Posted by Tania Kindersley.
I’m always banging on about the little things. The older I get, the more important I think them.
Yesterday afternoon, I looked out of my office window to see a family, gazing about, giving the appearance of being a bit lost. I went out and asked if I could help them. The Pigeon bounded up, in high delight, since there were four small children, and she loves nothing more. The children looked a bit doubtful at first to see a strange black dog galloping towards them; but I reassured them, explained her love of small people, and said that she just wanted to play. Then there were instant wide smiles of delight.
I spoke to the parents. They were looking for a local beauty spot, of which they had been told. I pointed them in the right direction and showed them how to get there. We talked for a bit. I asked them where they had come from. London, they said. I asked if they had been here before. They had not. The sun was shining like gangbusters and I said I was so glad that they had got some good weather, so they could see the hills in their pomp.
The woman said: ‘Well, it did rain yesterday, but that was not going to stop up. Out we went walking, all the same.’ Her husband nodded and smiled. They were very elegant and well-dressed, and the children were immaculate; with their black clothes and London accents, I could see they might be taken as soft southern visitors, not with the flinty stuff of the north-east. But not a bit of it; out they had gone, in the murk and the dreich and the wet, defiant in the face of weather. All the same, I was very very pleased that they had the fine sun now, as the colours are starting to sing.
Anyway, it’s not a specially interesting story. We made some more polite conversation. I suggested another local place they might like to see. I wished them all well and smiled and waved at the children. It was a small, ordinary, human interaction, nothing dramatic or screenworthy about it.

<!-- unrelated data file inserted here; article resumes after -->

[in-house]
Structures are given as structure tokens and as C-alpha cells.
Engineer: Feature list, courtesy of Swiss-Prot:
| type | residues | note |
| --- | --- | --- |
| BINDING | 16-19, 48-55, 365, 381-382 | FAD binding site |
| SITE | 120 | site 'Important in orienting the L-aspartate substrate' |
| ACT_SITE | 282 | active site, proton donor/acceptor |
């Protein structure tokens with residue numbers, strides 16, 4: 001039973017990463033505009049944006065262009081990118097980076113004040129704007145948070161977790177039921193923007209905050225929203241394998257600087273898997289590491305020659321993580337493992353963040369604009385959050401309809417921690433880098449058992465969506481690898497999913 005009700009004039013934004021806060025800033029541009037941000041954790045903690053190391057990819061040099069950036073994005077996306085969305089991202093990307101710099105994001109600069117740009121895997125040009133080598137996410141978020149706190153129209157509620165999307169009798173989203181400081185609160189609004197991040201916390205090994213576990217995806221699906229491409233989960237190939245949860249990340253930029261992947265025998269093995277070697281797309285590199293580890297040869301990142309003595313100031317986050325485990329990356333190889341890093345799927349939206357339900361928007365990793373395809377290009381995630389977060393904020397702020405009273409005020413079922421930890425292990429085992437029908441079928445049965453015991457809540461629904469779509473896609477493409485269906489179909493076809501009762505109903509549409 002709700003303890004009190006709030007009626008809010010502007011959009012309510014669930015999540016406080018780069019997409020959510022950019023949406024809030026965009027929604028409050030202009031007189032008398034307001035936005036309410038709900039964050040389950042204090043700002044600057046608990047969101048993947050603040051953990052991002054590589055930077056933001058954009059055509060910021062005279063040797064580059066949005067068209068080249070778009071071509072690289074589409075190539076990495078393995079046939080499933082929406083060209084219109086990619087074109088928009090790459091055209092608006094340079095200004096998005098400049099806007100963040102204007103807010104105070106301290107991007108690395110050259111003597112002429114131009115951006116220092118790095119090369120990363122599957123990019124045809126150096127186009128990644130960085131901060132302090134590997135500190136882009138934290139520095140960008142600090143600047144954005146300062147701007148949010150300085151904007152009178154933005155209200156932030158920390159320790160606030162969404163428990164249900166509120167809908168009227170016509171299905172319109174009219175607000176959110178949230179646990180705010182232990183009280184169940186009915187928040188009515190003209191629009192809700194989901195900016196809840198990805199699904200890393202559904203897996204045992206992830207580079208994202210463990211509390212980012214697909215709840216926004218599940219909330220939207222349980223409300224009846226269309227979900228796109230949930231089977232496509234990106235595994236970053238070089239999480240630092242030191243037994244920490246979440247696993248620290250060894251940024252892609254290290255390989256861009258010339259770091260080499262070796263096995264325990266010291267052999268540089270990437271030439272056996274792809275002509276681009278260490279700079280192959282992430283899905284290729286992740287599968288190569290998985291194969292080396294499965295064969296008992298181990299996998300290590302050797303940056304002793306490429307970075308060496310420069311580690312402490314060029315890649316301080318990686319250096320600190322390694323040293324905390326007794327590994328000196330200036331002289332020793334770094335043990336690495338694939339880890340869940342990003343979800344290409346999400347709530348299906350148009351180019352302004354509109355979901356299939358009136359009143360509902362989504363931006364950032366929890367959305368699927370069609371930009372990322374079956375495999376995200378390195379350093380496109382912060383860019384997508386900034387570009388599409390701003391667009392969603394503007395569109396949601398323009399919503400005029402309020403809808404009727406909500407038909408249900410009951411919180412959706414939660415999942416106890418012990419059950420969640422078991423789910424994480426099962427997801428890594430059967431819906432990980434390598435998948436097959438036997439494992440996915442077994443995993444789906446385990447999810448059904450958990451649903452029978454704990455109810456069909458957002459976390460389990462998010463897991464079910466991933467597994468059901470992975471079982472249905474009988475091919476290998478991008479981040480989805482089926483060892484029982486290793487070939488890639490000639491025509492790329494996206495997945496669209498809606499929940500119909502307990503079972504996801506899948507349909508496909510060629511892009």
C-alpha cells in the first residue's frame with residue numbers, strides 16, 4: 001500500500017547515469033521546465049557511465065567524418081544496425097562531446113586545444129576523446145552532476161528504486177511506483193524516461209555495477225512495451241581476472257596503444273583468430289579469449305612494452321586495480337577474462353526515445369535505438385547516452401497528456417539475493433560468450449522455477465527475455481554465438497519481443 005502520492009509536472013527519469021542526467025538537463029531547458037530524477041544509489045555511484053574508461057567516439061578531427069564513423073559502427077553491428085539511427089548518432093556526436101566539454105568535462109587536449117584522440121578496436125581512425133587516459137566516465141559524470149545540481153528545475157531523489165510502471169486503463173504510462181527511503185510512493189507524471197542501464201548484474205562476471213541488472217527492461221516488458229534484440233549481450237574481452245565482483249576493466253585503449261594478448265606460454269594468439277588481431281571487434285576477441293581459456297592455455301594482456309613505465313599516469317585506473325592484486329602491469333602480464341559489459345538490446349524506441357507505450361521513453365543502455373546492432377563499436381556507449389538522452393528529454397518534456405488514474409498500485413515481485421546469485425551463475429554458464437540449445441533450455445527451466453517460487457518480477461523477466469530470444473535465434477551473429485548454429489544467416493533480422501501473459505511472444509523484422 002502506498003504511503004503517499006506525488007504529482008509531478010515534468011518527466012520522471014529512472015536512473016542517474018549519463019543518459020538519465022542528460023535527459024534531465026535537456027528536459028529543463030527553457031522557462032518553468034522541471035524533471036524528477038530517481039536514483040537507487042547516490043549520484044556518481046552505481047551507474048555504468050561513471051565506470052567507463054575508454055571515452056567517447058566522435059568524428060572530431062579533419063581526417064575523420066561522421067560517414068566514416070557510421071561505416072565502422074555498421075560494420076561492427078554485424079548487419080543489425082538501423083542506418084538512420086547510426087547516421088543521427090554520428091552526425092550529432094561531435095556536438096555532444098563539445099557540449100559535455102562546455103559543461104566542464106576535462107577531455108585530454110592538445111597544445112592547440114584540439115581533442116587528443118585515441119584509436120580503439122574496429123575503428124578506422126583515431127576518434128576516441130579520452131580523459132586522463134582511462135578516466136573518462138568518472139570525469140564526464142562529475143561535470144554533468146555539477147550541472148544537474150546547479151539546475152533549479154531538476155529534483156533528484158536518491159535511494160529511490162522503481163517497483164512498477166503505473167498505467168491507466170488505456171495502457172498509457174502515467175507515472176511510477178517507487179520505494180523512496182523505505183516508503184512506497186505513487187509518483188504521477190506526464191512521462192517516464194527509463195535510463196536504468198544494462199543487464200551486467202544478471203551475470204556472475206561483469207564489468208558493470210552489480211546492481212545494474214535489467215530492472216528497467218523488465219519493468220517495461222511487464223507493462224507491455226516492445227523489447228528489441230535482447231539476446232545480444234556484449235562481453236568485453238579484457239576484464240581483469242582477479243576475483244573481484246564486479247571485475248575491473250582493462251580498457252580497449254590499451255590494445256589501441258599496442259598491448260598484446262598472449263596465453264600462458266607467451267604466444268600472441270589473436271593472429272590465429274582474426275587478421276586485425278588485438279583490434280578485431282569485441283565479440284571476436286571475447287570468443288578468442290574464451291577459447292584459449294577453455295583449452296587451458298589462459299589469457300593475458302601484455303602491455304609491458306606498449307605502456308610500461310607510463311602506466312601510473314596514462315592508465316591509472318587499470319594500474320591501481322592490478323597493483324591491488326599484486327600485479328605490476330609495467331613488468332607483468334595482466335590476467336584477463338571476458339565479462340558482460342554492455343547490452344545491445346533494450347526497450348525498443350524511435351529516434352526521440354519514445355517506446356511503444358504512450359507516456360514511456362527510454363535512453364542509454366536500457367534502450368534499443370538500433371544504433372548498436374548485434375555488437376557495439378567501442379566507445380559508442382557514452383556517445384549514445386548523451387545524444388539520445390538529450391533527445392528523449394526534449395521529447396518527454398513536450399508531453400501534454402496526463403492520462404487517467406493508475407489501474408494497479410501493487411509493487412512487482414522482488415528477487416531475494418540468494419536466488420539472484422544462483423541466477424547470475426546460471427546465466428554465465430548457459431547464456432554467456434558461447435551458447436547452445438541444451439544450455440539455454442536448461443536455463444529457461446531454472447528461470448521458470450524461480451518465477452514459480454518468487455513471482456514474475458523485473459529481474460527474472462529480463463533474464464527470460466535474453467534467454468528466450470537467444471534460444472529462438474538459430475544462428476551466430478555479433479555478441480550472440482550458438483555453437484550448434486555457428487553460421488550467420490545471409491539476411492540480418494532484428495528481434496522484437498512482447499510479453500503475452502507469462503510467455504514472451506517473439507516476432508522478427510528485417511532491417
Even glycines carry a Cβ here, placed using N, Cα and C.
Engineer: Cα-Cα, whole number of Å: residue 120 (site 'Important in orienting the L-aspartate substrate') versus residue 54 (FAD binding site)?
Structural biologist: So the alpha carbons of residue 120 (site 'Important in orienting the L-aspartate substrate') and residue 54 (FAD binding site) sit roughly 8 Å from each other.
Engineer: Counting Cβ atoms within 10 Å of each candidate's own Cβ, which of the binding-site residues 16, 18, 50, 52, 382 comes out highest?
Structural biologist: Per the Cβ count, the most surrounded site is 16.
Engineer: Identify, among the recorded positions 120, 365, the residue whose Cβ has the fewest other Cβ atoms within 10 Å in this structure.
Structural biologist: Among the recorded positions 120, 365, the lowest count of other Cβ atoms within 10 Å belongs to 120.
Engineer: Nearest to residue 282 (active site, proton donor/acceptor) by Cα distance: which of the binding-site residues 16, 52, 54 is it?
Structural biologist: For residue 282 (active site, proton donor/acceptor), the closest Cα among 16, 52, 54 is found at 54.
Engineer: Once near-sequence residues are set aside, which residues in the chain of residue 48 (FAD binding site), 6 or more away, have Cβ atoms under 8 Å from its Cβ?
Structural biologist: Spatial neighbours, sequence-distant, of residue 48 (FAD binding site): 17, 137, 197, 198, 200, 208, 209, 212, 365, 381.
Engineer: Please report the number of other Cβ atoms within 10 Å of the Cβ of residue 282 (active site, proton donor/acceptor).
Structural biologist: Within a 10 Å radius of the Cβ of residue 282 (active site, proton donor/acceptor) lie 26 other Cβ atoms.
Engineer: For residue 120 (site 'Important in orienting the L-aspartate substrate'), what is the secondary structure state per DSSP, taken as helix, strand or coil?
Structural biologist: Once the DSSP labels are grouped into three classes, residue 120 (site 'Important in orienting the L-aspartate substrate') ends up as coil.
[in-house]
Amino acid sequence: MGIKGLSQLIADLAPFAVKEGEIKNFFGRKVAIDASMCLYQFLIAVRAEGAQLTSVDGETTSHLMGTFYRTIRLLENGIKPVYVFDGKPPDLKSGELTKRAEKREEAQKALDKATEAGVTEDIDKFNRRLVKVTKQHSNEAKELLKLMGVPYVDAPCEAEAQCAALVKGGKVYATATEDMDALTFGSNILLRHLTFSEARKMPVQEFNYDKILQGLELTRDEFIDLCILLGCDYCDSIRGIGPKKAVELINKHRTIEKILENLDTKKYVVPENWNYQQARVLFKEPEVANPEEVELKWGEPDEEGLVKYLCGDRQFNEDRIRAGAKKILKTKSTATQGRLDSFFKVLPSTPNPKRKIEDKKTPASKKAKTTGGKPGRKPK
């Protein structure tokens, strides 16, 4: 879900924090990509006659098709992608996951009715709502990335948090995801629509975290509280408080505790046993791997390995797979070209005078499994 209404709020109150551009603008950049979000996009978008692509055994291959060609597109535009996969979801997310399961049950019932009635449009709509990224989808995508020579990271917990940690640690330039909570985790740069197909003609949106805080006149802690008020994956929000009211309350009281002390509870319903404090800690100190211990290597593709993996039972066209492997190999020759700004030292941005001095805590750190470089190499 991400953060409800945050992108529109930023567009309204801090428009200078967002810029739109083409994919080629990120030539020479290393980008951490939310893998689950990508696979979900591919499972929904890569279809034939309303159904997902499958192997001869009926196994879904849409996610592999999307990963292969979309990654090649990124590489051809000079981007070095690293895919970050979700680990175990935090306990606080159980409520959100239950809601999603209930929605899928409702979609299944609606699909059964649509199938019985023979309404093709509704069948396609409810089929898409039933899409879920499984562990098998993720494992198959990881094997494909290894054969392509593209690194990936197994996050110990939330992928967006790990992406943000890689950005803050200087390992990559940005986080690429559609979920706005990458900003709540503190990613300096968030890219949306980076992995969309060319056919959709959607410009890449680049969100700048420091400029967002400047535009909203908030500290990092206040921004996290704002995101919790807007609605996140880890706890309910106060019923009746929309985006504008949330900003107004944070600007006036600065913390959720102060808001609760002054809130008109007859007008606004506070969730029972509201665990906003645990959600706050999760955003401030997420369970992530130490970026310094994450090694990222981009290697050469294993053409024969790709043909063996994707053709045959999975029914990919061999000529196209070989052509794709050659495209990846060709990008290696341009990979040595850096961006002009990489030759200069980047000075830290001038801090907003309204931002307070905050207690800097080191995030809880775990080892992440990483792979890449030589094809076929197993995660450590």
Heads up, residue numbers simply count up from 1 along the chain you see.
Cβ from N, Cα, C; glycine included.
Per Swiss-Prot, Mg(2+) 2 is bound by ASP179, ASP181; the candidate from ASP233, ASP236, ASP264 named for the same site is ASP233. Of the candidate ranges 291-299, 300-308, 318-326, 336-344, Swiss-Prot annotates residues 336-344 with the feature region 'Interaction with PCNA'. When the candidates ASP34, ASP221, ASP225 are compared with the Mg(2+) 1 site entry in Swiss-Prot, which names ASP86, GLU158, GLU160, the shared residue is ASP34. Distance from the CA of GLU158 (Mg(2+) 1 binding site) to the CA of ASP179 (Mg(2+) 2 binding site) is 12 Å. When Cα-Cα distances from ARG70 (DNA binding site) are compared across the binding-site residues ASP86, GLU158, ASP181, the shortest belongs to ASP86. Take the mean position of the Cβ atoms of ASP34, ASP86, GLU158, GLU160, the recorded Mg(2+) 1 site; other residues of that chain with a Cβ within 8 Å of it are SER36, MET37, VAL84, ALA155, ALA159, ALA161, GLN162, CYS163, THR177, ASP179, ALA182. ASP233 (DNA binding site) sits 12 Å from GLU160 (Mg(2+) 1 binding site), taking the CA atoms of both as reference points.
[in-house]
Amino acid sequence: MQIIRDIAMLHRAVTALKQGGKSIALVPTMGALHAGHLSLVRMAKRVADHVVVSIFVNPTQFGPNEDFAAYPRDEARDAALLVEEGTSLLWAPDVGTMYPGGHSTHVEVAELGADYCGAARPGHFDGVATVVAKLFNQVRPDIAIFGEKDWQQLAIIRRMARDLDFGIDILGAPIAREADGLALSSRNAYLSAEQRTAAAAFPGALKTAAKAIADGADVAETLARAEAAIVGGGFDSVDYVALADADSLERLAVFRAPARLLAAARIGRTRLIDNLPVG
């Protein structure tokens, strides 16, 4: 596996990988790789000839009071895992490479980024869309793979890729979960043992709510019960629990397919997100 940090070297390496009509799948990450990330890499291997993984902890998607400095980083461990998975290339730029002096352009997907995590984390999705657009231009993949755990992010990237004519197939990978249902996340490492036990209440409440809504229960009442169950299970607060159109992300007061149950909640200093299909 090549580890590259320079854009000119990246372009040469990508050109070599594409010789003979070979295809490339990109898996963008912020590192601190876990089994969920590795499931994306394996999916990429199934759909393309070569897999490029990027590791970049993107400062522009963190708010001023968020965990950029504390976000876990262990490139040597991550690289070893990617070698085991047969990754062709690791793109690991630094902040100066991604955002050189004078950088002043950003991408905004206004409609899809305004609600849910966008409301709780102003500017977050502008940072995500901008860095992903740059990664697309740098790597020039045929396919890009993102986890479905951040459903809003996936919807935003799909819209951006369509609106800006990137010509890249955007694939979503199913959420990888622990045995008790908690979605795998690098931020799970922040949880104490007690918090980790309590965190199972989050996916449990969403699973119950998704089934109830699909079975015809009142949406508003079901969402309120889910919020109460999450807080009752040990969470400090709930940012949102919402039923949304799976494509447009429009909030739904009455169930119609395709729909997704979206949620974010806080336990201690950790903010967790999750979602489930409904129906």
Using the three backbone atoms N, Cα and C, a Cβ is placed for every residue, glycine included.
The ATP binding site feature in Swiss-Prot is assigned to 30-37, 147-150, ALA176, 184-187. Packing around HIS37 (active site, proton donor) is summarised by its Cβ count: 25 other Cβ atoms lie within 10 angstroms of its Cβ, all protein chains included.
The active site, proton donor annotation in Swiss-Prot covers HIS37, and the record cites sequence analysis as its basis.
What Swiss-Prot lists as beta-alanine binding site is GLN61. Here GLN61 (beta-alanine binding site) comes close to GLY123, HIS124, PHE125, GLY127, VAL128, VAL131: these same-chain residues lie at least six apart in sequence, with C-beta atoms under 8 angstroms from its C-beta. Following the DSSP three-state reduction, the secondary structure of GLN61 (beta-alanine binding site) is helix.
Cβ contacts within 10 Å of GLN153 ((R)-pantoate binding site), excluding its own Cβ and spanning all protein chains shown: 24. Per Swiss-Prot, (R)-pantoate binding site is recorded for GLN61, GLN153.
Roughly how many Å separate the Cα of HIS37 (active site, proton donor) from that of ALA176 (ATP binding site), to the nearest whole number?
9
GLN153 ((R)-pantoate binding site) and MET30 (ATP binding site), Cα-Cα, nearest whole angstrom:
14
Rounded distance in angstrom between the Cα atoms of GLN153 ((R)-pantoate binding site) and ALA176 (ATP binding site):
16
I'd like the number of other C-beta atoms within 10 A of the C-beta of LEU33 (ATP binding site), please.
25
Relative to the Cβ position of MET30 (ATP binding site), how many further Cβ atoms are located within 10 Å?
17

As they walked off, and the mother said, to her children: ‘Say thank you to the nice lady’. They politely did. The Pigeon watched them go with regret. I said I hoped they had a lovely trip.
Inside I was shouting: I’m a NICE LADY. It was like getting a badge or a medal. Most of the time lately, I’ve been a distrait lady, or an impatient lady, or a slightly nuts in the head lady. I thought: all that talk of manners that my mother did with us when we were small really was worth it.
You see – tiny, tiny thing. So small I did not even write of it yesterday. But it has stayed with me. It’s something to do with the kindness of strangers. It’s something to do with the simplicity of seeing a family having a delightful holiday, not in some exotic foreign clime or some antic theme park, but here, in dear old Scotland, where they may look at the mountains and the trees and the local architecture. It was a little sliver of politesse, all of us minding our Ps and Qs, as if in defiance of the cross newspapers, which insist we live in an atomised and selfish and rude society.
Anyway, whatever it was, it made me oddly happy. So that is my small thing of the day.
And now your pictures of the day. The colours remain quite astonishing, almost too real to be real:
Almost the last horse chestnut to still have its leaves:
This one is a bit blurry, but I wanted you to see the colours:
I keep taking shots of this view, because of the tiny golden trees in the foreground, and the echoing gold on the hill:
My Japanese cherry, with which I remain entranced:
The salix has suddenly gone bright yellow:
Some of the beeches are still not yet turned:
Another golden tree, with the blue hill beyond:
Light on the hill:
Another view of the Japanese cherry; hope this does not become too repetitive. But LOOK at it:
And talking of looking at things, regard this eager are-you-going-to-throw-the-ball face:
Answer was, of course, yes I am.